Much of my writing this year has been grounded in two hypotheses:
- The power balance in the startup business has changed (in the USA, which is 80% of the market for startup investment. An effect here ripples across the world). Money is no longer the short asset. Good companies are increasingly valuable and in demand, so much so that VCs have to compete to be chosen to invest in a company.
- The traditional VC business is facing competition from new types of funds, new types of collaborations between investors, and new funding vehicles. The old boy network is being disrupted. And the disruption is fully on display in the growth of special purpose vehicles (SPVs).
SPVs, often called SPEs (special purpose entities) or syndicates, are nothing new. Designed to support risky enterprises (stand alone or within a company structure), SPVs aggregate investment dollars into a entity that has a single purpose, which is investing in the risky project. The dollars can come from a variety of sources, including angels, corporates, crowd funding, family offices, and investment funds. The funds are then invested and ownership stakes are managed through the SPV.
Until recently, investing in startups has primarily been the province of the well-heeled. Minimum investments in a VC fund can range from €250,000 – €1 million. And most angel groups require minimum investments of at least €10,000 – €20,000 per deal. A well-constructed portfolio of angel investments might total €250,000; if you’re committing 5% of your overall wealth to early-stage (read: risky) investments, you must have a net worth north of €5 million.
Which is where SPVs come in. For an investment of as little as €1,000, you can get a place at the table.
And there are benefits with SPVs beyond the low investment requirement. Standard VC investments include a 2% management fee (20% over the 10-year life of a fund) and a 20% carry (the money that the VCs scrape off the top of the profits at the end of the fund’s life). SPVs usually charge a one-time management fee of 7-7.5% and a 10% carry. And because you’re not invested in a fund portfolio, you can structure a bespoke portfolio by investing in separate SPVs.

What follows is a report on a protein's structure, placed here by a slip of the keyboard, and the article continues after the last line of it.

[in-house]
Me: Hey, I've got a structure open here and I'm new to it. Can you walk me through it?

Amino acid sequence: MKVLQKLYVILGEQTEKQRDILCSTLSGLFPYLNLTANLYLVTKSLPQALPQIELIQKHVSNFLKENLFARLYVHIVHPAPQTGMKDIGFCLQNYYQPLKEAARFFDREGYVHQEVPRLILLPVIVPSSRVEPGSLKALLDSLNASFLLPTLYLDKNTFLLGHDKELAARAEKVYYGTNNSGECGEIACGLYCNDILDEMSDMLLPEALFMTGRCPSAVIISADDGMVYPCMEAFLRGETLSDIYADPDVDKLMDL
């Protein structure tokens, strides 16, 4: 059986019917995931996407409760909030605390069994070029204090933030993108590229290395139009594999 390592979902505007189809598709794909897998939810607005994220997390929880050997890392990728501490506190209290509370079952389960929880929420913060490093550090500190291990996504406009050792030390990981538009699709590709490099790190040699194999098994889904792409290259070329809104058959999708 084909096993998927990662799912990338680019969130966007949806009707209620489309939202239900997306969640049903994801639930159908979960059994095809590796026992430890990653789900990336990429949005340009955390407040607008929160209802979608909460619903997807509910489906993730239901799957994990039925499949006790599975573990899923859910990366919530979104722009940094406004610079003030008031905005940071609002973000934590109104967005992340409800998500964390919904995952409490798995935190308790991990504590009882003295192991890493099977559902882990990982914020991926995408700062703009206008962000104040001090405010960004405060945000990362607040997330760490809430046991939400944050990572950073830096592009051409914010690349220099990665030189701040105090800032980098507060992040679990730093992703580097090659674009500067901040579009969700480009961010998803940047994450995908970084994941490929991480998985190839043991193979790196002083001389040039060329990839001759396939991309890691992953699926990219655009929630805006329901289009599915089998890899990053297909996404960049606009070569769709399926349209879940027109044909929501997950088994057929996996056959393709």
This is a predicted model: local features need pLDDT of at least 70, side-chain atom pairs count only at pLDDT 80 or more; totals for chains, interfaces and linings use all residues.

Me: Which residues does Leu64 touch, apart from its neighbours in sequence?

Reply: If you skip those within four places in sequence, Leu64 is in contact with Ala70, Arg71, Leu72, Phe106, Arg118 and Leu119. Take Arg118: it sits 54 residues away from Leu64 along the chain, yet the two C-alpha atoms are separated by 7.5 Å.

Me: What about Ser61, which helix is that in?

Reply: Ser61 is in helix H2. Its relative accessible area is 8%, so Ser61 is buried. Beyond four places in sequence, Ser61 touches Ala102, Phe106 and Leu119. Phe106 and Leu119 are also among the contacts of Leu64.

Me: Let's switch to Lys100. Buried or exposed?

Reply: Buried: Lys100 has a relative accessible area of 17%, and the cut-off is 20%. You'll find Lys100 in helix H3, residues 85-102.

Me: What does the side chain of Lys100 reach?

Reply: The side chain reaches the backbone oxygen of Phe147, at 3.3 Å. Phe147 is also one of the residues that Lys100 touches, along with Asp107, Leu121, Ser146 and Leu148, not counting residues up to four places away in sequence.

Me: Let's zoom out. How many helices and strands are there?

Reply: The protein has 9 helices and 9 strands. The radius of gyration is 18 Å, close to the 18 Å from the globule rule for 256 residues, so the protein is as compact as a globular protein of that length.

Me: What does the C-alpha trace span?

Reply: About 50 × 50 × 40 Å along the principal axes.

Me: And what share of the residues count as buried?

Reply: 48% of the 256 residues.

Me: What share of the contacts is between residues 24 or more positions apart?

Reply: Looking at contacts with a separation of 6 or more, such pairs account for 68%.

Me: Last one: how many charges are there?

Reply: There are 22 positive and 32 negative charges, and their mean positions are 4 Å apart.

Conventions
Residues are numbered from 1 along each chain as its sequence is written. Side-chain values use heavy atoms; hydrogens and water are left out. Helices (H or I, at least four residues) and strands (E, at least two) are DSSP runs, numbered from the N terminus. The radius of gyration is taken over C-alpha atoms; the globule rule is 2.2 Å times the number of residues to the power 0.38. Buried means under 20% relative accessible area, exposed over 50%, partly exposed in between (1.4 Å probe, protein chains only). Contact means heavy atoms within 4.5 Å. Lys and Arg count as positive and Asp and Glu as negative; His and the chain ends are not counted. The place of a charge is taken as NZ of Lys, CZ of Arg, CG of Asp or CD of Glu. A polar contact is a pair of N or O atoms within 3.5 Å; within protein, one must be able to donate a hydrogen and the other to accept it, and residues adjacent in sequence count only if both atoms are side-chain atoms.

Last week I spoke with a good friend who runs a small fund. The fund is creating an SPV side-car ‘angel’ fund which will accept investments of as small as €1,000. The fund will be used by the VCs to provide pre-seed investments in companies they like but are too early for an A-round. The angel fund will encourage more contact and support from the fund managers, and valuable early funds for product development or roll-out. This angel SPV will take advantage of the VC’s due diligence and management expertise, as well as connections and warm introductions. And in so doing the angel fund provides a roadmap to an A-round investment by the ‘big’ VC fund. The angel SPV becomes a value-add for the VC’s ability to engage with – and invest in – promising companies. The angel SPV distinguishes the big fund – and it expands the range of investors who can participate.
SPVs come with some limitations. They are more bare bones than VCs who have investor management resources. You’re probably not going to get a quarterly report, or special announcements. Keeping up to date with your investments takes more effort, especially if you’re invested in several SPVs (meaning several companies). And the lack of a portfolio structure makes SPV investments more like sports betting. If the company goes belly up, you’ve lost your investment.
More and more US-based startups are using SPVs to fund their seed and A-round investments. The young, aggressive VCs who want to roll up their sleeves are partnering in the SPVs, providing funding and resources. Sometimes big funds can’t provide the level of attention, or the youthful perspective. At least from an optics point of view, the big, established funds have lost some luster in a new world where startups have become the buyers in a buyer’s market.
Educator (Associate Professor) / Entrepreneur / Leader of angel
communities /Entrepreneur in residence at PorterShed
and BioExcel / Rarosenberg@gmail.com